“Within the spirit of South-South cooperation, we must also assist one another, particularly the less developed and less endowed member states with technical, medical, and financial assistance. It is by so doing that we can rightly claim to uphold the Bandung Principles of equality, mutual interests, and cooperation.’’
On efforts to control the spread of the virus in Nigeria, and ameliorate the economic effect, the President said:
“We have closed our land borders and airports and reduced seaport activities in a bid to curb imported cases from entering the country. Unfortunately, the number of confirmed cases continues to rise as a result of community transmission of the disease.
“Accordingly, we have increased our efforts to monitor trends of the disease, established more isolation centres and stepped up testing at the community level and of potentially vulnerable groups.’’
He said various relief materials were handed out, including medical and food supplies as well as conditional cash transfer to about 3.6 million vulnerable households affected by the stay at home order, while responding to the economic needs of citizens by supporting households and Micro, Small and Medium Enterprises (MSMEs) affected by COVID-19 induced economic downturn.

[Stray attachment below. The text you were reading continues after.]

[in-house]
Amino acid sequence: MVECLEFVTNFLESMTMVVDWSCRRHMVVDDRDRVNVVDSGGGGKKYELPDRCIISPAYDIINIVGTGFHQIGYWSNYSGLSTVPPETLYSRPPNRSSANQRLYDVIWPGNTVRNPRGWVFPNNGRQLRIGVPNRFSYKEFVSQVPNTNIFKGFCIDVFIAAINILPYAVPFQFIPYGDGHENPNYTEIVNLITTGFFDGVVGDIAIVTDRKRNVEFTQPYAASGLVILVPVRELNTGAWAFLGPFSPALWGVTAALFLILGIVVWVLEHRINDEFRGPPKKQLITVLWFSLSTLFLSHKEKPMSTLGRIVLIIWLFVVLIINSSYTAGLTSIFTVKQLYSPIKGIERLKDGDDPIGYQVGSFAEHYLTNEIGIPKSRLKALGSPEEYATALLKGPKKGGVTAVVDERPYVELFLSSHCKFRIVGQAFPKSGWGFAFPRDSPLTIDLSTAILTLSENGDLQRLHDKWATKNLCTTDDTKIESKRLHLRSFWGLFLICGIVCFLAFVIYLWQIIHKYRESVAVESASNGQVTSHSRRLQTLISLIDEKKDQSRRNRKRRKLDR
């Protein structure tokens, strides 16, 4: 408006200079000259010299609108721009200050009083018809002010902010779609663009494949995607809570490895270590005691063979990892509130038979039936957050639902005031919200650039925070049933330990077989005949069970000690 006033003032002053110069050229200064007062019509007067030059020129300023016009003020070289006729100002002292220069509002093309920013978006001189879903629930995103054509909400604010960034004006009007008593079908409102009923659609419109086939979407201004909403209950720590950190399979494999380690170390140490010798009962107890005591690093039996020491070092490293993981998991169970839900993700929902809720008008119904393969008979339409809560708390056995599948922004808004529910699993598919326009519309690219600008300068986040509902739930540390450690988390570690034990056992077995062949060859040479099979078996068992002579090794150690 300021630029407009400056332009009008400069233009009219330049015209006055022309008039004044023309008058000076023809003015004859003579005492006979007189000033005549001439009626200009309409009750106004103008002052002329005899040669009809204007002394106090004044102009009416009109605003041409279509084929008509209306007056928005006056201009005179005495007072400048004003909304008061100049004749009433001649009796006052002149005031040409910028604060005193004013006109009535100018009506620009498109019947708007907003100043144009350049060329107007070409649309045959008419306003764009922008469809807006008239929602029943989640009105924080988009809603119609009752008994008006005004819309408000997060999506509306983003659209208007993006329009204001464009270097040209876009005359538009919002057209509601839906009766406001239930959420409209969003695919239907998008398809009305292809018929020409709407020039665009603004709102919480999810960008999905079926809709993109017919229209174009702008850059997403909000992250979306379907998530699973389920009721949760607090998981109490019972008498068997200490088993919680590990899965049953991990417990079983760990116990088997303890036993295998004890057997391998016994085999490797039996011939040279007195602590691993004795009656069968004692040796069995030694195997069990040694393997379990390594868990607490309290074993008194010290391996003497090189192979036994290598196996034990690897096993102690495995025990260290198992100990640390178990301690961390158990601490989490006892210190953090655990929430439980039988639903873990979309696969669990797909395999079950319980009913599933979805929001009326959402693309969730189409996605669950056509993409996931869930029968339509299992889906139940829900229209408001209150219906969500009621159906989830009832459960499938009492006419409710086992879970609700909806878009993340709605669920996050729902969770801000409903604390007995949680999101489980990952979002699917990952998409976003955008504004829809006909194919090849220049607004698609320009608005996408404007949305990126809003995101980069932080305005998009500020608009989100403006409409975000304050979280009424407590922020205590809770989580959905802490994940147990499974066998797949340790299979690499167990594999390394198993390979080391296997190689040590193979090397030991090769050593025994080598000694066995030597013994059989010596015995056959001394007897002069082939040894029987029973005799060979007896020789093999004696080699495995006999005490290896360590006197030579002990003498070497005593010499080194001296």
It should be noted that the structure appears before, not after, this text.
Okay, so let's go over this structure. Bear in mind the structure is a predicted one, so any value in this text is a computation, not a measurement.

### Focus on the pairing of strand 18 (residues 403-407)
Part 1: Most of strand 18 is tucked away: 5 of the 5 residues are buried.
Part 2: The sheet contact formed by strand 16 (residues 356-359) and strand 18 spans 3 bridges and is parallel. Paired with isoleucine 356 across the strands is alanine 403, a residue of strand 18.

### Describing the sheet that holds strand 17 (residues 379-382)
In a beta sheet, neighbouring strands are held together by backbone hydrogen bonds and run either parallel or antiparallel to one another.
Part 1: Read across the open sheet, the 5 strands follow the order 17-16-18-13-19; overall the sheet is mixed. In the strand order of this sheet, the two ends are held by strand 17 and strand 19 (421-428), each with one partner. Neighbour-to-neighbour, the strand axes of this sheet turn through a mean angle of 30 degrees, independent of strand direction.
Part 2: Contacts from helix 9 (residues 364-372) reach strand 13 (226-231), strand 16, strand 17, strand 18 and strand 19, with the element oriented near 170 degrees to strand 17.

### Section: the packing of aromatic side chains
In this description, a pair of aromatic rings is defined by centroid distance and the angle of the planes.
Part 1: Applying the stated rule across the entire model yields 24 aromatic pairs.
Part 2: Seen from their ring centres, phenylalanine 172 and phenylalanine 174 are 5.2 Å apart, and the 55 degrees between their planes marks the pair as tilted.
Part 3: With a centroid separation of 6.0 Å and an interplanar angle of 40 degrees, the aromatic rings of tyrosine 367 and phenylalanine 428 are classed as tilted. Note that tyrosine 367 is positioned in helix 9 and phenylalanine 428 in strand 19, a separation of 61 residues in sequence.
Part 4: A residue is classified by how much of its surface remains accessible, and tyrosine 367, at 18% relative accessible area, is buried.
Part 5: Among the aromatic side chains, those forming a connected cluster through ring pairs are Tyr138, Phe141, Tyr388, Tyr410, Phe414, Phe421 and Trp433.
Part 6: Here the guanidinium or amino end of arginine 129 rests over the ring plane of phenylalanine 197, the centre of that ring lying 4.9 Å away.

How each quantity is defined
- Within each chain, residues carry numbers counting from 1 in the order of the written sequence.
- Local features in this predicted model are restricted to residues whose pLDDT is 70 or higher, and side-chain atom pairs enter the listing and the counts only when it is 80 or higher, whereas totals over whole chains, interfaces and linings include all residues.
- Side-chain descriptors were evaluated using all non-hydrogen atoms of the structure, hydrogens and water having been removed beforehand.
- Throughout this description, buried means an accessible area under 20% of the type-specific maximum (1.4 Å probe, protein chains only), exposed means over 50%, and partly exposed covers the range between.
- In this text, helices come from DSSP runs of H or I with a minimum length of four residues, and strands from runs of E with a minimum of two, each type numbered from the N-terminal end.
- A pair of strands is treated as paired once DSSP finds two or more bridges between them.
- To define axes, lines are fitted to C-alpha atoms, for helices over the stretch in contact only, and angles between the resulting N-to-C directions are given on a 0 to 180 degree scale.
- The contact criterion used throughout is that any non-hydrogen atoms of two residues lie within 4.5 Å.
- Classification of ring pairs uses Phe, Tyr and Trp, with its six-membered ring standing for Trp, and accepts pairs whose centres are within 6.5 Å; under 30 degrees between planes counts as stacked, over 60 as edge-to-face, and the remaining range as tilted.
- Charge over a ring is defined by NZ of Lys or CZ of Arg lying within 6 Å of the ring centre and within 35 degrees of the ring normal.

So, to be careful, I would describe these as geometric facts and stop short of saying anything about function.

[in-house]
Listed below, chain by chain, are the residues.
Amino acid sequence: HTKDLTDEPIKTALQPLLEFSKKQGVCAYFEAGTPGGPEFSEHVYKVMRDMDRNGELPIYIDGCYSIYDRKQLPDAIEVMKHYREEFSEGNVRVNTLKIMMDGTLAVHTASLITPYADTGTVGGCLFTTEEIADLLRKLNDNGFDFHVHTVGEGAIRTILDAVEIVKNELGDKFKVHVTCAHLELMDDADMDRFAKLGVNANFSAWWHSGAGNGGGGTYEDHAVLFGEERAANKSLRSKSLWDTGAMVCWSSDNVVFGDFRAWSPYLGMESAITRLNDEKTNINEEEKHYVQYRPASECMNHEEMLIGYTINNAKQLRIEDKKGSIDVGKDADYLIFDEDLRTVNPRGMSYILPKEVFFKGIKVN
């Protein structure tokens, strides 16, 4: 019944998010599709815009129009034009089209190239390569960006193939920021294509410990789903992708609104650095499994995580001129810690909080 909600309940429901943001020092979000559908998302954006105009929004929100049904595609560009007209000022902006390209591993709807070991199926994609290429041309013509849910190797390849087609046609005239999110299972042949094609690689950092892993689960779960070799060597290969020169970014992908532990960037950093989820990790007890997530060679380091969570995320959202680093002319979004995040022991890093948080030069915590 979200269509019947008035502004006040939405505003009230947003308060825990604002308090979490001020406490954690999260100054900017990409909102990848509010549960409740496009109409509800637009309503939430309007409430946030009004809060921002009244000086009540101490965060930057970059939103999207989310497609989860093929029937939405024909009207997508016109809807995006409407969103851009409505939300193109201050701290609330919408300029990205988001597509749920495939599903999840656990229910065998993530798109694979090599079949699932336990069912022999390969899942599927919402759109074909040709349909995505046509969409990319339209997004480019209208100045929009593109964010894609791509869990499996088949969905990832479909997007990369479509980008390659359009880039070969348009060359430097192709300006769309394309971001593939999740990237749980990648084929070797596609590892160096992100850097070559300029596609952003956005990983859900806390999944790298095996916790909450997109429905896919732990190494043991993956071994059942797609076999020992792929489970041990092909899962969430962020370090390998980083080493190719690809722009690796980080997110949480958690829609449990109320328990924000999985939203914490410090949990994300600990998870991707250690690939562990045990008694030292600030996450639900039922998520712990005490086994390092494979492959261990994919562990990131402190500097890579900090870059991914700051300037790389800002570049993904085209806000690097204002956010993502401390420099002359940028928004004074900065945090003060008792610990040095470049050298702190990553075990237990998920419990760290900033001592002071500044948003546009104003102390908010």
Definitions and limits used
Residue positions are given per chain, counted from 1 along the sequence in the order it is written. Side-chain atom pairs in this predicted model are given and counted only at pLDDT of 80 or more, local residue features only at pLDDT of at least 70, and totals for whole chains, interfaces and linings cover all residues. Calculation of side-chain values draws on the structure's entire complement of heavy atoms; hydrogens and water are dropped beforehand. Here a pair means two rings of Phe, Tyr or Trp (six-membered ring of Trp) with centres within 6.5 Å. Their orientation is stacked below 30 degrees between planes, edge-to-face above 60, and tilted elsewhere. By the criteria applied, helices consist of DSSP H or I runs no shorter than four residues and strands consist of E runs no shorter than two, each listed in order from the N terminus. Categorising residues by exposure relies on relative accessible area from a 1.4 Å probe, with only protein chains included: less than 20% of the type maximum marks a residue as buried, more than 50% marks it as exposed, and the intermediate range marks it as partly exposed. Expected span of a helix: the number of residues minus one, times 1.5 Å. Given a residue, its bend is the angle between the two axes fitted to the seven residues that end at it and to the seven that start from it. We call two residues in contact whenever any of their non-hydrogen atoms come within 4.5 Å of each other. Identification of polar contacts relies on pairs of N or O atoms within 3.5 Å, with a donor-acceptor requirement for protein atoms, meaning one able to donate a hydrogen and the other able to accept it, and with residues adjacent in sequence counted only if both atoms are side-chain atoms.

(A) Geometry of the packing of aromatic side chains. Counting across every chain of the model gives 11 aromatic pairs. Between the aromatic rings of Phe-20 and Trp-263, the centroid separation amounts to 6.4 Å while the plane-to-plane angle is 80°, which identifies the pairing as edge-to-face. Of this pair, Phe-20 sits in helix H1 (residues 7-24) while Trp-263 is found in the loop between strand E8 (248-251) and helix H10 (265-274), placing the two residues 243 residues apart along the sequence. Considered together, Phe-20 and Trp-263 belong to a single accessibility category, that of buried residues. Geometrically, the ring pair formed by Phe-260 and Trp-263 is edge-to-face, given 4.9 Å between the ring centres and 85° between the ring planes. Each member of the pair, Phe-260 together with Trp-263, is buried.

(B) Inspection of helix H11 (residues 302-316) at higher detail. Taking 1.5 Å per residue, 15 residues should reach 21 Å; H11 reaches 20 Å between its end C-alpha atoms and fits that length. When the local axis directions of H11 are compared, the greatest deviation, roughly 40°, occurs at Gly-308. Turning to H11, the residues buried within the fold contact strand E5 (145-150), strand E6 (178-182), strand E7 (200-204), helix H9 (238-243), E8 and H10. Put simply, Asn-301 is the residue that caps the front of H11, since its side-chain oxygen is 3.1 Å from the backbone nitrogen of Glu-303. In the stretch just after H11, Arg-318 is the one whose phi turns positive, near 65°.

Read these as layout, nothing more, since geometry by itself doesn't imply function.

The President noted that a Presidential Task Force on COVID-19 was set up, and the Nigeria Centre for Disease Control strengthened to face challenges of mobilization, sensitization, and implementation of all decisions.
President Buhari commended His Excellency, Ilham Aliyev, President of the Republic of Azerbaijan, and Chair of the Non-Aligned Movement for organizing the extra-ordinary summit, and condoled with all members that lost citizens to COVID-19.